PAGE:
South Korea: South Korea reported 2,383 new cases after hitting a record of 3,272 on Saturday. Health authorities expect infections to rise sharply from the middle of this week in the aftermath of the Chuseok holiday.
Singapore: Singapore added 1,939 new cases, almost doubling from a week earlier, the latest in a string of daily records in the past week ahead of new curbs kicking in on Monday. Two more deaths were reported, both elderly with underlying conditions who were not vaccinated, bringing the death toll to 78. A total of 30 people are in the ICU.
Indonesia: Indonesia said its daily infection numbers dropped to the lowest level in more than a year. The country reported 1,760 new Covid-19 cases in the past 24 hours, the least since August 2020, according to the Health Ministry.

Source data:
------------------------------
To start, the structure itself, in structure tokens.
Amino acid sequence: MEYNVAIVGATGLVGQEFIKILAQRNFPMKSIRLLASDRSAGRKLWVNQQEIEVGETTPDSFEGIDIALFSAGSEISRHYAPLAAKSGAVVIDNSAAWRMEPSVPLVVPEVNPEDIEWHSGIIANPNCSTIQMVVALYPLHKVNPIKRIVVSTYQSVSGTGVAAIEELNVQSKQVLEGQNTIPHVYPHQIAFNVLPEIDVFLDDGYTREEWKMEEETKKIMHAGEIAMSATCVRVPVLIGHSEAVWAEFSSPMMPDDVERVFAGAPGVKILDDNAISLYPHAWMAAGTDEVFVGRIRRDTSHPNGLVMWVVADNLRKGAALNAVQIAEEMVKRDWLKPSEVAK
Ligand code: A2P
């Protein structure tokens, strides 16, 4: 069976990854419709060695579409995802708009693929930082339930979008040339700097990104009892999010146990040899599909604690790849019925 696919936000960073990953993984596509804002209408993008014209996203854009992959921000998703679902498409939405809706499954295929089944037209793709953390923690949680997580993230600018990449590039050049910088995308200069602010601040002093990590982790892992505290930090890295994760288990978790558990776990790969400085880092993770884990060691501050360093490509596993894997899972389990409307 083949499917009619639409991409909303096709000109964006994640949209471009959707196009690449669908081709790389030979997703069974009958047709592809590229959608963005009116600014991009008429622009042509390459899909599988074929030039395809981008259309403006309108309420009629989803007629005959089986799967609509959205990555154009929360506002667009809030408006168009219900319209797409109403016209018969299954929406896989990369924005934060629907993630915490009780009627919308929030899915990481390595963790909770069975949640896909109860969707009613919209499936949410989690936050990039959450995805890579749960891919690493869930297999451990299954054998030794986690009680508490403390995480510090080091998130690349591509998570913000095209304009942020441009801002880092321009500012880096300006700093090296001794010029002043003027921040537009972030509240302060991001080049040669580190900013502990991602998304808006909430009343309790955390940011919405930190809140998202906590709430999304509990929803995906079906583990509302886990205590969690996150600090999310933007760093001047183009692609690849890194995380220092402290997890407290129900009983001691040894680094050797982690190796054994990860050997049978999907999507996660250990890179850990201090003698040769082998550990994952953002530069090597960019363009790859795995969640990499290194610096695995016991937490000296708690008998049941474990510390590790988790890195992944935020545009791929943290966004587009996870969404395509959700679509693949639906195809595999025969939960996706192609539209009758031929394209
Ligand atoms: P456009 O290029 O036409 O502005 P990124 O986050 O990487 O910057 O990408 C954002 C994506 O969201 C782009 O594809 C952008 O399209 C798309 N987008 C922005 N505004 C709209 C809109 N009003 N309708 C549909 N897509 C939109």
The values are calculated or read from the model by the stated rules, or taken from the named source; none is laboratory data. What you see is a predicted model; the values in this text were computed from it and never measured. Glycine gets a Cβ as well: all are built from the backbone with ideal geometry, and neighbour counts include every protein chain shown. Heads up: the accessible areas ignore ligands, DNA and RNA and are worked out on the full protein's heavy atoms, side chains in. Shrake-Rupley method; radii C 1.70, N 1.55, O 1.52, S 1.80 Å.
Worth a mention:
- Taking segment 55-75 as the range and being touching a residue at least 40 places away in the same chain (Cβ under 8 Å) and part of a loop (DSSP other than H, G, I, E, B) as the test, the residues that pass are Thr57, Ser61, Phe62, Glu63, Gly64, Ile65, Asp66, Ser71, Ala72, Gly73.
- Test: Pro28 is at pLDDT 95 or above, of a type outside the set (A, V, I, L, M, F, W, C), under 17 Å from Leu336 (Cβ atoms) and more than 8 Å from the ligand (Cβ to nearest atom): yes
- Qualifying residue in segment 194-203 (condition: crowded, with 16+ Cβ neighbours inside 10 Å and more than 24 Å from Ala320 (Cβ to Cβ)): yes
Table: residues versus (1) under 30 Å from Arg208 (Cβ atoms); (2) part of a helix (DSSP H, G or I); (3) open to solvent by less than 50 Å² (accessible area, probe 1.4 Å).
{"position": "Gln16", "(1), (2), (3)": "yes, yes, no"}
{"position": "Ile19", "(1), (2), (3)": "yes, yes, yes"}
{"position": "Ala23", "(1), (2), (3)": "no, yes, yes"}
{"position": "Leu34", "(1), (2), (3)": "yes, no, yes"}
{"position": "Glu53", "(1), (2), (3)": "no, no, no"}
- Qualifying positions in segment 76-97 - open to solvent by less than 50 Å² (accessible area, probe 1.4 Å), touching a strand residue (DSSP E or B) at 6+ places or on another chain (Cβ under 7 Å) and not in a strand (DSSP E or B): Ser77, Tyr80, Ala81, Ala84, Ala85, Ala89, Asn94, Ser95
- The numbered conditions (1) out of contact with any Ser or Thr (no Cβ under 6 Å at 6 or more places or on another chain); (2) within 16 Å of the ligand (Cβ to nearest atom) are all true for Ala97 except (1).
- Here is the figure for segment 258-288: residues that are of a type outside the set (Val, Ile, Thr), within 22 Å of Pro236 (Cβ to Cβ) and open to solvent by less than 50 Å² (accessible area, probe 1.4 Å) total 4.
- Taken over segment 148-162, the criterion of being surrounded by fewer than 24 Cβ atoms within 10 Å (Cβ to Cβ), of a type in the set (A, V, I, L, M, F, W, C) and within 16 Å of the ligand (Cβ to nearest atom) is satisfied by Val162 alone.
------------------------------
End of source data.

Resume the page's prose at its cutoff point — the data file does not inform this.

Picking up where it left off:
US: Pfizer Inc. will submit data to the US Food and Drug Administration on vaccines for children ages 5 to 11 within “days, not weeks,” Albert Bourla, the company’s CEO, said on ABC’s “This Week.” “If they approve it, we will be ready with our manufacturing to provide this new formulation of the vaccine,” he said. He said the dosage for young children is one-third that of the vaccine for adults. Last week Pfizer and BioNTech said that formulation produced strong antibody responses in children in a large-scale trial. The companies also plan to share the data with regulators in Europe.
In the US, health authorities have said they are confident there will be enough vaccine shots for both qualified older Americans seeking booster jabs, as well as young children.